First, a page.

Arizona's 7th congressional district
|Arizona's 7th congressional district|
|Current Representative||Ruben Gallego (D–Phoenix)|
|Distribution||83.6% urban, 16.4% rural|
|Ethnicity||32.6% White, 3.7% Black, 1.8% Asian, 56.0% Hispanic, 4.3% Native American, 0.1% other|
Arizona's 7th congressional district is a congressional district located in the U.S. state of Arizona. It includes much of the city of Phoenix and Glendale. It is currently represented by Democrat Ruben Gallego.
The district was larger than Rhode Island, Delaware, Hawaii, Connecticut and New Jersey combined. It includes 300 miles of the U.S. border with Mexico. It was home to seven sovereign Native American nations: the Ak-Chin Indian Community, Cocopah, Colorado River Indian Tribes, Gila River Indian Community, Pascua Yaqui Tribe, Quechan, and Tohono O'odham.
2013 - 2023
After redistricting for the 2012 election, most of the current 7th district became the 3rd congressional district.
|Election results from presidential races|
|2000||President||Gore 58 - 38%|
|2004||President||Kerry 57 - 43%|
|2008||President||Obama 57 - 42%|
|2012||President||Obama 72 - 27%|
List of representatives
Arizona began sending a seventh member to the House after the 2000 Census.
|Representative||Party||Years||Congress(es)||Electoral history||Geography and Counties|
|Raúl M. Grijalva||Democratic||January 3, 2003 –
January 3, 2013
|First elected in 2002.
Redistricted to 3rd district
SW Arizona, including parts of Tucson:
Yuma, La Paz (part), Maricopa (part), Pima (part), Pinal (part), Santa Cruz (part)
|Ed Pastor||Democratic||January 3, 2013 –
January 3, 2015
|113th||Redistricted from 4th district
|Ruben Gallego||Democratic||January 3, 2015 –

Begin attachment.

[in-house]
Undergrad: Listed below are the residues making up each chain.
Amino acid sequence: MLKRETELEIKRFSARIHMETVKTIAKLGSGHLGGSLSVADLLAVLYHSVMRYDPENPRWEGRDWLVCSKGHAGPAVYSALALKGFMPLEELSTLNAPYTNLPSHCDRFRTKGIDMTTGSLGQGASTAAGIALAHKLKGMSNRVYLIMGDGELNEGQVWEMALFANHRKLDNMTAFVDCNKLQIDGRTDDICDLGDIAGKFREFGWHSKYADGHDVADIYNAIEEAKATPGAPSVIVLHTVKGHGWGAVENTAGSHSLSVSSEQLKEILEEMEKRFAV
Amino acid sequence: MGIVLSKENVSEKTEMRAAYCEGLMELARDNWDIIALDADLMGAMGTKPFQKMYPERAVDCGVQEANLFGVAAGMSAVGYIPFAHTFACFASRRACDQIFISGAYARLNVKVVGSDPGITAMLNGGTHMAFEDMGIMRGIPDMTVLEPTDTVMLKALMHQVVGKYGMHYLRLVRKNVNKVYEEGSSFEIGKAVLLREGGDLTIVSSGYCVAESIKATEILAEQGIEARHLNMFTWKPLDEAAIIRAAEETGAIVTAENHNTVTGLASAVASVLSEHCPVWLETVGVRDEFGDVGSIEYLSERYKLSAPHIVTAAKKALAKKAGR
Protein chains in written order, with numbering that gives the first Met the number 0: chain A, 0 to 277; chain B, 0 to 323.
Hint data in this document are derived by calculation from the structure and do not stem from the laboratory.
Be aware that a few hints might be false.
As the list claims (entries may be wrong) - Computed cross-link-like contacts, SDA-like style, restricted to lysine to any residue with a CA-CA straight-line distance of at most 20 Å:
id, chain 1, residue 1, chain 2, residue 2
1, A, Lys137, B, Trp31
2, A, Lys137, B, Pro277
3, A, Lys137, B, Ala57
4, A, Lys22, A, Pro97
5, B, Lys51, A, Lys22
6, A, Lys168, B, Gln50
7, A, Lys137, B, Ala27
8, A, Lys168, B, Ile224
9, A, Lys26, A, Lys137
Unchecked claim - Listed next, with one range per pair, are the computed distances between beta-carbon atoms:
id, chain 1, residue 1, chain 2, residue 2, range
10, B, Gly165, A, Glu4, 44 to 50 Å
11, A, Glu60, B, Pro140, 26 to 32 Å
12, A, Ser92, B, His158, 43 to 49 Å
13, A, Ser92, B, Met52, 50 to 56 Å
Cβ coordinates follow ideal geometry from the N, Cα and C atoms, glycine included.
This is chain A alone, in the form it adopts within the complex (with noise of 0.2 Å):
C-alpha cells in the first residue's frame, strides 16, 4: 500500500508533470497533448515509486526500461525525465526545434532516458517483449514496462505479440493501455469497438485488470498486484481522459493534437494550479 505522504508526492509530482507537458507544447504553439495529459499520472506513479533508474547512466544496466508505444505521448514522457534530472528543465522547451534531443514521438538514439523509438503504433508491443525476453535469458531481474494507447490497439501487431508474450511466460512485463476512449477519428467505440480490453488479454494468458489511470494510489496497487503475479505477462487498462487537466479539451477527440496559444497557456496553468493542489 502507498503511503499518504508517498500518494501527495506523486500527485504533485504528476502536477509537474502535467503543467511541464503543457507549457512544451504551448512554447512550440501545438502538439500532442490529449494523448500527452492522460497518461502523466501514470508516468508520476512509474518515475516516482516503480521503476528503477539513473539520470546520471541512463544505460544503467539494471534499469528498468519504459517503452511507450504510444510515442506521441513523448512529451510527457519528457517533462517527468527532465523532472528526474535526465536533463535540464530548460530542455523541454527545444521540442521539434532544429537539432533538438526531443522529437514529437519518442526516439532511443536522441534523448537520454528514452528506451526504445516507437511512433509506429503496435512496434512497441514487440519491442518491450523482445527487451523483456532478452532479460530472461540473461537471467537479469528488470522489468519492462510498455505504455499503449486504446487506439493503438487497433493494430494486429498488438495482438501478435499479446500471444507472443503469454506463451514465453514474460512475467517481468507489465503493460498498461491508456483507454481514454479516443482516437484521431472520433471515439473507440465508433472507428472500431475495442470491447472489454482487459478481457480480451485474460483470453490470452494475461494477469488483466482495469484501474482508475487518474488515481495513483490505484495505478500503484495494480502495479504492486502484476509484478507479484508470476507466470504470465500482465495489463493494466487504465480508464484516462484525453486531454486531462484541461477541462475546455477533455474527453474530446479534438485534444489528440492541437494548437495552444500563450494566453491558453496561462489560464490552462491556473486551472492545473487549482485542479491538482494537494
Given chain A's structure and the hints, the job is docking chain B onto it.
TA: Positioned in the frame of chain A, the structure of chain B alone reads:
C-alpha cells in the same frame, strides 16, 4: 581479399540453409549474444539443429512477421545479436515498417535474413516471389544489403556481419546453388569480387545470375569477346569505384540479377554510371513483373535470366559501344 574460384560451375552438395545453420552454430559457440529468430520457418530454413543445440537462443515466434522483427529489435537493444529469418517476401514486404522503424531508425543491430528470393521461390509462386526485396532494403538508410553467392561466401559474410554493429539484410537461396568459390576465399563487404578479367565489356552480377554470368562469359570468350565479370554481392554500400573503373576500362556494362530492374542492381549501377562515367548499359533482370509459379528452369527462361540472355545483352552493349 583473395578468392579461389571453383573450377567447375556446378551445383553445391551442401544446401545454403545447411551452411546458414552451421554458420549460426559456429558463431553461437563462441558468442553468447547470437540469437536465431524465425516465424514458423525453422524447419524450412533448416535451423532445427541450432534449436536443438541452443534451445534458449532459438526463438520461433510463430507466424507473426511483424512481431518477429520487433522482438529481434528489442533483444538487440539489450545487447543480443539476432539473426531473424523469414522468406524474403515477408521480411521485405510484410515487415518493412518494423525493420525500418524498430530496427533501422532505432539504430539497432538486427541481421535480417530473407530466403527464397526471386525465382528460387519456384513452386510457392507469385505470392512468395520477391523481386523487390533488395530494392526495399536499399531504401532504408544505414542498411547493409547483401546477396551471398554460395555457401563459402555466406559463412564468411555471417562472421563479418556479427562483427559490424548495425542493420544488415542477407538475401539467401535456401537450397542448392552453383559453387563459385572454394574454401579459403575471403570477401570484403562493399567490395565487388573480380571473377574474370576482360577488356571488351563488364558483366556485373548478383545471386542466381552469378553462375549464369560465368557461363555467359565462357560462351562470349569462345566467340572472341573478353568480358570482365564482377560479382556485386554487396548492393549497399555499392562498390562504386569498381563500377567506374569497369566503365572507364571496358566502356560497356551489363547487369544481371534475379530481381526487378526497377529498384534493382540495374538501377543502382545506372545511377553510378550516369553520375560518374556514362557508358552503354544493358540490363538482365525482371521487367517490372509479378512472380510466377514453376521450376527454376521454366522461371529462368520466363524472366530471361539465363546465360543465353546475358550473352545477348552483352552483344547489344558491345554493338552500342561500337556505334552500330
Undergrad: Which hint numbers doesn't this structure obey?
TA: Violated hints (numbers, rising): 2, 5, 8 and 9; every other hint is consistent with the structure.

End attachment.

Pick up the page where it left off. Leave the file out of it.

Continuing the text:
|114th||First elected in 2014|
Recent election results
The district was first created in 2002 following results from the 2000 U.S. Census.
|Arizona’s 7th Congressional District House Election, 2002|
|Democratic||Raul M. Grijalva||61,256||59.00%|
|Libertarian||John L. Nemeth||4,088||3.94%|
|Arizona’s 7th Congressional District House Election, 2004|
|Democratic||Raul M. Grijalva*||108,868||62.06%|
|Arizona’s 7th Congressional District House Election, 2006|
|Democratic||Raul M. Grijalva*||80,354||61.09%|
|Arizona’s 7th Congressional District House Election, 2008|
|Democratic||Raul M. Grijalva*||124,304||63.26%|
|Libertarian||Raymond Patrick Petrulsky||7,755||3.95%|
|Arizona’s 7th Congressional District House Election, 2010|
|Democratic||Raul M. Grijalva*||79,935||50.23%|
|Arizona’s 7th Congressional District House Election, 2012|
Living former Members of the U.S. House of Representatives from Arizona's 7th congressional district
As of April 2015[update], there are two former members of the U.S. House of Representatives from Arizona's 7th congressional district that are currently living.
|Representative||Term in office||Date of birth (and age)|
|Raúl Grijalva||2003 - 2013||February 19, 1948|
|Ed Pastor||2013 - 2015||June 28, 1943|
- "2010 US Census Data for Arizona's 7th District". US Census Bureau. 2010. Retrieved 2013-03-27.
- "Partisan Voting Index Districts of the 113th Congress: 2004 & 2008" (PDF). The Cook Political Report. 2012. Retrieved 2013-01-10.
- Martis, Kenneth C., The Historical Atlas of United States Congressional Districts, 1789-1983. New York: Macmillan Publishing, 1982.
- Martis, Kenneth C., The Historical Atlas of Political Parties in the United States Congress, 1789-1989. New York: Macmillan Publishing, 1989.
- Congressional Directory: Browse 105th Congress
- Demographic information at census.gov
- 2004 Election data at CNN.com
- 2002 Election data from CBSNews.com
- CQ Politics CQ 2008 Election Guide U.S. House, Arizona - 7th District
- Maps of Congressional Districts first in effect for the 2002 election
- Tentative Final Congressional Maps for the 2012 election